Tim: –until I get there. But then there is, by the way, Psalm 39, Psalm 88 that end in total darkness. Two Psalms end in complete darkness, no note of hope at the end. And that’s God’s way of saying in the Psalms, darkness can last a long time, so be ready for that.
John: Ah, I appreciate what you’re saying, because I think I’ve come to the realization, even though I’ve been a believer for a long time, that I’ve gone to the Scripture to find out how I’m supposed to live. And what you’ve captured here about the Psalms is, you go to the Psalms to find out who God is, not what He requires of you. And there are all sorts of—
John: –unanswered questions. I mean, the Psalms don’t always end, as you’re saying, on a happy note. But if we have confidence in who He is, then we can land on a dark note, know that He is going to be there at that moment and that kinda carries us through.
Kathy: You’re referring to something that I call “a tipping point,” which I know is stolen from Malcolm Gladwell, but (Laughter)—
John: I’m sure he’d—
Kathy: –using it a different—
John: –be honored—
Kathy: –way, yes.
John: –for you to use it that way.
Kathy: So, I’m using it in a different way. I think there’s a point in every Christian’s life if they really are a genuine believer, where they have to come to a time where they say, the big issue is settled. I’m not … this circumstance, any circumstance, the next circumstance is not gonna make me question God’s love or His wisdom or His goodness or His kindness. Those things are settled in my mind.
And the new circumstance that comes up, a death, an illness, a tragedy, a financial reversal is not gonna make me say, “Well, God, where are You? If You really exist, how come this happened?” You will say, “I hate this. I don’t want this. This is horrible, but God, You are still God. You are still in charge. You are still present with me, “that there’s a tipping point, like the Continental Divide out in—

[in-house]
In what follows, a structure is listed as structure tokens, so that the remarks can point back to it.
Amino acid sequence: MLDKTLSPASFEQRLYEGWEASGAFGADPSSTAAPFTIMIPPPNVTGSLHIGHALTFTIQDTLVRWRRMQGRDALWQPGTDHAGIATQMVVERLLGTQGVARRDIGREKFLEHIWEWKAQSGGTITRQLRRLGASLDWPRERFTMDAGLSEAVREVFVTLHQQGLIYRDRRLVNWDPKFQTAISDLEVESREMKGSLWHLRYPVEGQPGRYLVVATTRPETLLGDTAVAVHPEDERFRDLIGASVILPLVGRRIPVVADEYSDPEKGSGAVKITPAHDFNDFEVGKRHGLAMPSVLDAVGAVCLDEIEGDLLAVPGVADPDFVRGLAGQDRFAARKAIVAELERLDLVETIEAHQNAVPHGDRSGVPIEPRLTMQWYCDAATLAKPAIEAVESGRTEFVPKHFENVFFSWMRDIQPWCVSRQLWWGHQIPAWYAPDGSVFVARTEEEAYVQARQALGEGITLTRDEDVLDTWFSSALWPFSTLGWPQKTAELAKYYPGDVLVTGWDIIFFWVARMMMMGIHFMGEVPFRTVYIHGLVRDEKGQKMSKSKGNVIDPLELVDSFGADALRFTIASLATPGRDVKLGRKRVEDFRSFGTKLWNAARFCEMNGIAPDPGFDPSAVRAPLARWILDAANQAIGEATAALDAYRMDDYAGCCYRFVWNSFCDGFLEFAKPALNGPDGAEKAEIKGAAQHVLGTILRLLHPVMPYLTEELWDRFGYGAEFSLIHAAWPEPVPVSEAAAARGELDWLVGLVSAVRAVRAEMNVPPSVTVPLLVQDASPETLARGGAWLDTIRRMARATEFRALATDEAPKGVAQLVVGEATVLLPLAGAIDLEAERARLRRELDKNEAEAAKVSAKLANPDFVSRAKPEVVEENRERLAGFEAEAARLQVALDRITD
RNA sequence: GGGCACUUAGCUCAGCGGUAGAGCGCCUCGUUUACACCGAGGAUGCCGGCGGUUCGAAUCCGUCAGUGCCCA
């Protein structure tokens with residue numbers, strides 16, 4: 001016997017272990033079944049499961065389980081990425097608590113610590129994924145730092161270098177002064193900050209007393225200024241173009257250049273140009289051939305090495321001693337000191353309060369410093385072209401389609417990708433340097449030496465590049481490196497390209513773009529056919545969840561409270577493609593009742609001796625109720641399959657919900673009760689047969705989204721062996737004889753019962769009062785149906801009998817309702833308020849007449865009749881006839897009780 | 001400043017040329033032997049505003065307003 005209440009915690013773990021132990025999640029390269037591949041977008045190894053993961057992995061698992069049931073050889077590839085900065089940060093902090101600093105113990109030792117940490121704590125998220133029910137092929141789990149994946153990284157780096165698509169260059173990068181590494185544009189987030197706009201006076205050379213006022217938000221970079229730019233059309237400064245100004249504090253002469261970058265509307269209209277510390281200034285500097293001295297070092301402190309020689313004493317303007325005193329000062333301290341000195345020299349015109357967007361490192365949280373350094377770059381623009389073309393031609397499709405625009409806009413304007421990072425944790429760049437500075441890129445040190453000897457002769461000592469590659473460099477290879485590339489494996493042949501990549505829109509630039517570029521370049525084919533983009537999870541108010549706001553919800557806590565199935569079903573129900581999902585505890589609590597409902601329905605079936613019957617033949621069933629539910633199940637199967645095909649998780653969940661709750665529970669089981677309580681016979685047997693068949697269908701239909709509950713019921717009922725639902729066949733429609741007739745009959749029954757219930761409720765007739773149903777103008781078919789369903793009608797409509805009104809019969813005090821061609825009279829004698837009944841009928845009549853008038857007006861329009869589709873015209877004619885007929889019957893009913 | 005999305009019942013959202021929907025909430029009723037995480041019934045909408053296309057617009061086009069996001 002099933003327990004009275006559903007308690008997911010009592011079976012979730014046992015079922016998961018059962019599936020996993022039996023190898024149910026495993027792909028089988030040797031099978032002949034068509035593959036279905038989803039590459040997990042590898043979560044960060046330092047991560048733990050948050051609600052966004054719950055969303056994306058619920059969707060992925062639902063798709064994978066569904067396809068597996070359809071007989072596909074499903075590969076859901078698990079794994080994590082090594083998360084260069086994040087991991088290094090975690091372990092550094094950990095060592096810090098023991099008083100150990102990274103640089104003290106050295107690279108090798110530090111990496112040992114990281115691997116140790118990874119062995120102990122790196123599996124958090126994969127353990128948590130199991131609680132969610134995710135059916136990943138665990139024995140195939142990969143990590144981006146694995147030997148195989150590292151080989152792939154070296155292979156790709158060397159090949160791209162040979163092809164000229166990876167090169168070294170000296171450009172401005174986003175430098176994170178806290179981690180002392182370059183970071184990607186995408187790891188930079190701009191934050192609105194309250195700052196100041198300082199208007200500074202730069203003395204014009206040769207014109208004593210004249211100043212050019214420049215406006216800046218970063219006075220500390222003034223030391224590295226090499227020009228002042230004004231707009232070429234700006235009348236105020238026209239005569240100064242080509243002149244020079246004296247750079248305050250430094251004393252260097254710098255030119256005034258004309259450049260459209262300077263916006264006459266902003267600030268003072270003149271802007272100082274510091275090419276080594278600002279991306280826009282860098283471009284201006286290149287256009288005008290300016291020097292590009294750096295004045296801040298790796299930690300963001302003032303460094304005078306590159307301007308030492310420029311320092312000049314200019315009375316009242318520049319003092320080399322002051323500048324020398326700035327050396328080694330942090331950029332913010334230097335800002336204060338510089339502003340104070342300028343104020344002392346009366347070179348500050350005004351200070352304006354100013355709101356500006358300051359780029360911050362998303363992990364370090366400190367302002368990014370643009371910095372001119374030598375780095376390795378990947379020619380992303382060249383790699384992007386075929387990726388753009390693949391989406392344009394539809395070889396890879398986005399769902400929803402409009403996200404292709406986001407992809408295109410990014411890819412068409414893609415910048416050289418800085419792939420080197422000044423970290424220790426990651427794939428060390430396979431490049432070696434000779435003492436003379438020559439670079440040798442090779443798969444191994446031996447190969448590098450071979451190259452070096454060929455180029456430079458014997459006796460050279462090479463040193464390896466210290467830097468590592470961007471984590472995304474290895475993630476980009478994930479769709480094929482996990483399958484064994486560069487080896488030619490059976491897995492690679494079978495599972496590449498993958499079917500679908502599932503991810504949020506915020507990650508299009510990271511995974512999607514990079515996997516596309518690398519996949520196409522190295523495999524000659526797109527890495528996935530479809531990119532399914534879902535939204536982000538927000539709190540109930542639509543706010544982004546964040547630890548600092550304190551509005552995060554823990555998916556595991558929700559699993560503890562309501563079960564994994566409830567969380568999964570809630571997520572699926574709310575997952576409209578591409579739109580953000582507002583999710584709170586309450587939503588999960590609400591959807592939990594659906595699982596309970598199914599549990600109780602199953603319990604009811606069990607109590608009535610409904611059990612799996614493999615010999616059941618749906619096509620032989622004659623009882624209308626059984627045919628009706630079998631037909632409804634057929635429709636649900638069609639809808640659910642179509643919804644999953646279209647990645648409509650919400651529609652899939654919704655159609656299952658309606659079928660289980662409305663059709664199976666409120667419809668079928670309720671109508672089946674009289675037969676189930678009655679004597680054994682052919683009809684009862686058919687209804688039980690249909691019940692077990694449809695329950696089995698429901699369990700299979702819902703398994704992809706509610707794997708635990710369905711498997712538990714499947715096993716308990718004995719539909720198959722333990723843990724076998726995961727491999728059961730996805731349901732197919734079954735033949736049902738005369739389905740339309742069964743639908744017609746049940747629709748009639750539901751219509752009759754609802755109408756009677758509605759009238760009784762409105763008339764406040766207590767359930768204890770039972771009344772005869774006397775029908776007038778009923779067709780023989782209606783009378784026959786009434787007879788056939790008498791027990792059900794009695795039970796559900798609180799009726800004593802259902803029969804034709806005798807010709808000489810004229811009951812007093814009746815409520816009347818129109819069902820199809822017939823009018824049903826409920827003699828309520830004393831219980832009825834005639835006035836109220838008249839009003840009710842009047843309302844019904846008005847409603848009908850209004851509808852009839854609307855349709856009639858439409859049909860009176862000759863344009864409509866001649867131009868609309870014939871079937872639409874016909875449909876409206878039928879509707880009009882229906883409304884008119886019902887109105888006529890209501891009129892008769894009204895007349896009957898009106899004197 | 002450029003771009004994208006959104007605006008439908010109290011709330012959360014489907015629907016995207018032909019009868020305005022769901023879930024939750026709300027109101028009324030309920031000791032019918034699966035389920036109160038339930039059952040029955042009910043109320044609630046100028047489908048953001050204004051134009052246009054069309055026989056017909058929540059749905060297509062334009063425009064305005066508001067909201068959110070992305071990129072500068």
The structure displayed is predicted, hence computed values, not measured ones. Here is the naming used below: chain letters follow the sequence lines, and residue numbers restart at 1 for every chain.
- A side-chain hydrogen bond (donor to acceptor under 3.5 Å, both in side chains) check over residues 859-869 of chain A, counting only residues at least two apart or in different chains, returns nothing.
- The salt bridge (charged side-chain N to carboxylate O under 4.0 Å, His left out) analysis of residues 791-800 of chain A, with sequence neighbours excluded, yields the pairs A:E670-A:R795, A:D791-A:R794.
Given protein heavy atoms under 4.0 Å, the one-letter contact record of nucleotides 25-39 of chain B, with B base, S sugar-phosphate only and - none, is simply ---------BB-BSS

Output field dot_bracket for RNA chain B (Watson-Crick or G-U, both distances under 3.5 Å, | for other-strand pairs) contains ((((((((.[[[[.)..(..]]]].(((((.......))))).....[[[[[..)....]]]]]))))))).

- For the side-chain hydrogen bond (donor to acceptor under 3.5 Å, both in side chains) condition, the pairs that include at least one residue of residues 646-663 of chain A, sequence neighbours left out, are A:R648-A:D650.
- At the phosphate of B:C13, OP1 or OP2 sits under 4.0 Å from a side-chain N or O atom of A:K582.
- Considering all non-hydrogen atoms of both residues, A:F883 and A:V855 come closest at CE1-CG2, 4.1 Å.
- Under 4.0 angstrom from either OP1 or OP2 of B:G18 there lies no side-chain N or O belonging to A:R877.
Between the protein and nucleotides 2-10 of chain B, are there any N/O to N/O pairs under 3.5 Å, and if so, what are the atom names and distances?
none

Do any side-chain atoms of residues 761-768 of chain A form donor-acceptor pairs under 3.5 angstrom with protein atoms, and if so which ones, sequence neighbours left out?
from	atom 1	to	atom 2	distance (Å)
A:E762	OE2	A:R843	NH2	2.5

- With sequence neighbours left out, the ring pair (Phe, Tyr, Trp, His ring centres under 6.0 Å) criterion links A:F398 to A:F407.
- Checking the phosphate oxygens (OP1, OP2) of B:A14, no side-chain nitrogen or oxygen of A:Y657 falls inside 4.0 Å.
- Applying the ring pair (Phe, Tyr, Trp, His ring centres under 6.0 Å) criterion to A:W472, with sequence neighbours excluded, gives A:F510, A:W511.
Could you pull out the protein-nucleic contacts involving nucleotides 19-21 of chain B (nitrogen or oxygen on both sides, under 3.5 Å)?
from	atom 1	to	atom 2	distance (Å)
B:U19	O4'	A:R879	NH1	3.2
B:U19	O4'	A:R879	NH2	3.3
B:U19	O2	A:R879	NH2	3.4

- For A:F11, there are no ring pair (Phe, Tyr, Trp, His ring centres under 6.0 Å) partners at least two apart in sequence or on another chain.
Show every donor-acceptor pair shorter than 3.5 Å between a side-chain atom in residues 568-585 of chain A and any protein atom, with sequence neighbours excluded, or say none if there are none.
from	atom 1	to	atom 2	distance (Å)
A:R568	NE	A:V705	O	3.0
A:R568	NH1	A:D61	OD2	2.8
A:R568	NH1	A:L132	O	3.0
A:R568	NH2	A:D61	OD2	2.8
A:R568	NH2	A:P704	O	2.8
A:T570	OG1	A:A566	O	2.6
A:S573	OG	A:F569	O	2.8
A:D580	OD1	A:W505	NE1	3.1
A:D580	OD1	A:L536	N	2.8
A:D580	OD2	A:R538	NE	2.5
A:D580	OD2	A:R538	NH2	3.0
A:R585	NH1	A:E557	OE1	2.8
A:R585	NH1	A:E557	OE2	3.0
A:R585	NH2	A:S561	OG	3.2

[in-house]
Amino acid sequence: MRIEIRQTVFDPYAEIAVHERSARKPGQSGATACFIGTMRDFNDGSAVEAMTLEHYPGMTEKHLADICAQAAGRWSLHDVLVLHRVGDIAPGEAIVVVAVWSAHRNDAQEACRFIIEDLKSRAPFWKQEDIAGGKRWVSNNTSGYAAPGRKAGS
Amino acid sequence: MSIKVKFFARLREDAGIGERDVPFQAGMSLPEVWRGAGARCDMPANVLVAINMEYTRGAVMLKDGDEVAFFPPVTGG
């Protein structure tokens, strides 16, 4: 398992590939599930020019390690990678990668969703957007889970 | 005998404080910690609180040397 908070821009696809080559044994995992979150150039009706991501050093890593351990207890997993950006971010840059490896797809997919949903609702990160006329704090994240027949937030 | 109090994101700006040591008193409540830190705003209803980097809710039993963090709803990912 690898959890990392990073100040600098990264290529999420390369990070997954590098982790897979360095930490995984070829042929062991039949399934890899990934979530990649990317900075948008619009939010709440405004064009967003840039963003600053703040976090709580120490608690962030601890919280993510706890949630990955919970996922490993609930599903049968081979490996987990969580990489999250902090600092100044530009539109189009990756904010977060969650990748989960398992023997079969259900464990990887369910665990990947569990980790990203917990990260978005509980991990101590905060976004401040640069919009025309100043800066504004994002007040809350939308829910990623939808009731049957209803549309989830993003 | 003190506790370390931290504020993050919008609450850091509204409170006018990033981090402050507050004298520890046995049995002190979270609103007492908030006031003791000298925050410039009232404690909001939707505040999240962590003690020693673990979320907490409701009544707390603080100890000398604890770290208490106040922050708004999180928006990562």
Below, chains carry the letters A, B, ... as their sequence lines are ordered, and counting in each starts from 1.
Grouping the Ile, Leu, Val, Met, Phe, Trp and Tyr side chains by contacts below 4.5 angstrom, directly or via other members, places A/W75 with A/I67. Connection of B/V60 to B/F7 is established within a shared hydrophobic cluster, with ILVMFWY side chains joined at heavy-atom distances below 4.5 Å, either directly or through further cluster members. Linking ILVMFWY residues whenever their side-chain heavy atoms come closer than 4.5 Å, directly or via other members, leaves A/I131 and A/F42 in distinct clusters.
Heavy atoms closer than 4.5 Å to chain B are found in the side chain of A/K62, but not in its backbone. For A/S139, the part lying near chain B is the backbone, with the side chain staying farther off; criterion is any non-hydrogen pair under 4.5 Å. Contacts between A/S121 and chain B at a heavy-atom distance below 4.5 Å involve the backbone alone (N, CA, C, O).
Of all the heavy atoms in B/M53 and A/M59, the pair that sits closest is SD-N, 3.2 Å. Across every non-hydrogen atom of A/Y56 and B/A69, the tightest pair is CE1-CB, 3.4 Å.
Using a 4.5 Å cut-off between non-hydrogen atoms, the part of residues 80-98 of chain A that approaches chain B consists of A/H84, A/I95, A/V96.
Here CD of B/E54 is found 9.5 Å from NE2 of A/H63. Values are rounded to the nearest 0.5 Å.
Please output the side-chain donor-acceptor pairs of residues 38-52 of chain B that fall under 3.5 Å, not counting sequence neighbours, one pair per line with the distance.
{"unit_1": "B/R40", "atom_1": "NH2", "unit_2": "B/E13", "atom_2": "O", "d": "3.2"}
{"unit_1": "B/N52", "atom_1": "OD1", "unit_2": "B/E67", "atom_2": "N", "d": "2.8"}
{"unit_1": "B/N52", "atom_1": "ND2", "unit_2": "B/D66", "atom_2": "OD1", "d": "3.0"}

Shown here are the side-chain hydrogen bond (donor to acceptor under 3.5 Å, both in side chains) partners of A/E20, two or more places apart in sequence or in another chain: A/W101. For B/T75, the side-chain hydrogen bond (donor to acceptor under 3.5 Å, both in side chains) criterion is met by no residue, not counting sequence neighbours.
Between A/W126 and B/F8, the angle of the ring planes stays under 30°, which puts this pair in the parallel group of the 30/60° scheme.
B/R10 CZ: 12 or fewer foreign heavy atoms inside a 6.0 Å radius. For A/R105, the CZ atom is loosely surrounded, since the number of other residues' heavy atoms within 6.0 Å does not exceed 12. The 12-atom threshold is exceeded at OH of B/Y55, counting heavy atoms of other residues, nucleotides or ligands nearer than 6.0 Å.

Kathy: –you know, where—
Kathy:–you guys are–
Kathy: –where the drop of water goes down the other side of the mountain, rather than back flowing into all kinds of doubts about God’s character. That’s a settled issue. God’s character has been settled and no circumstance is gonna shake that. You’ll be shaken; you’ll feel terrible, but God’s character is not gonna be called into question anymore.
Jim: Right, no human attitude will change—
Jim: –that either.
Jim: It’s truth. Tim, so often in the Scripture and we’ve talked about it, the Lord seems to be disappointing our expectations, that we have an expectation that if we do these things then the Lord will do these things.
Jim: And it doesn’t happen and we get discouraged.
Jim: How do the Psalms speak to that?
Tim: Well, partly I’ll say something, but I’d like Kathy to say something. Sometimes God disappoints us because our relationship to him is too transactional. You would not be excited if, Jim, if you had all these friends around you and then you lost your job and suddenly, those friends really weren’t very interested in seeing you and you suddenly realize, they didn’t love you for you; they loved you for the benefits. And to a great degree, we really don’t love God. We tend to love Him for the benefits. And sometimes what God is doing by disappointing us is, getting us to love Him for Himself, if we recognize that that’s what we need to do.
Kathy: Or I found that very clear in my experience of suffering, that what I cried out for was, “God, if You are willing, make me whole,” you know. And I wasn’t being made whole. I was still sick. I was still having all kinds of issues medically.
But after a while I began to think, okay, well, I guess I can put up with this and not being healed, if You will only be with me and assure me, like the woman who touched Jesus in the crowd when He was on His way to raise Jairus’s daughter and He turned and He looked at her and said, “Your faith has made you well.” I said, “Just look at me. Just assure me that You are here. If I have you, the fact that I don’t have the healing or the changed circumstances.”
I mean, so often what we want from God is not God to change me, but God to change my circumstances. And what God’s plan is, is to change me, not to change my circumstances so I don’t have to change, but to change my relationship to Him, so that it is all that I really want.
Jim: Well, and at that core, I think the human response is, how did I displease You that I didn’t receive what I was hoping to receive?
Kathy: Well, that betrays a real misunderstanding of the way faith operates, because if you think that you have to behave a certain way in order for God to love you a certain way, in order to have Him give you certain things, then you have not understood what imputed righteousness is, that Jesus has already taken everything about you that’s wrong, all that you’ve done to disappoint God and borne it on the Cross and when God looks at you, He sees Jesus.
Now is He gonna deny Jesus anything? No, He’s only gonna give Jesus the best of the best and He only has the best of the best for us. But we often don’t recognize it, because we’re so focused on things. Fix this financially situation. Fix this medical situation. We have such limited tunnel vision that we’re not looking at the big picture. He’s trying to suit our souls for eternity.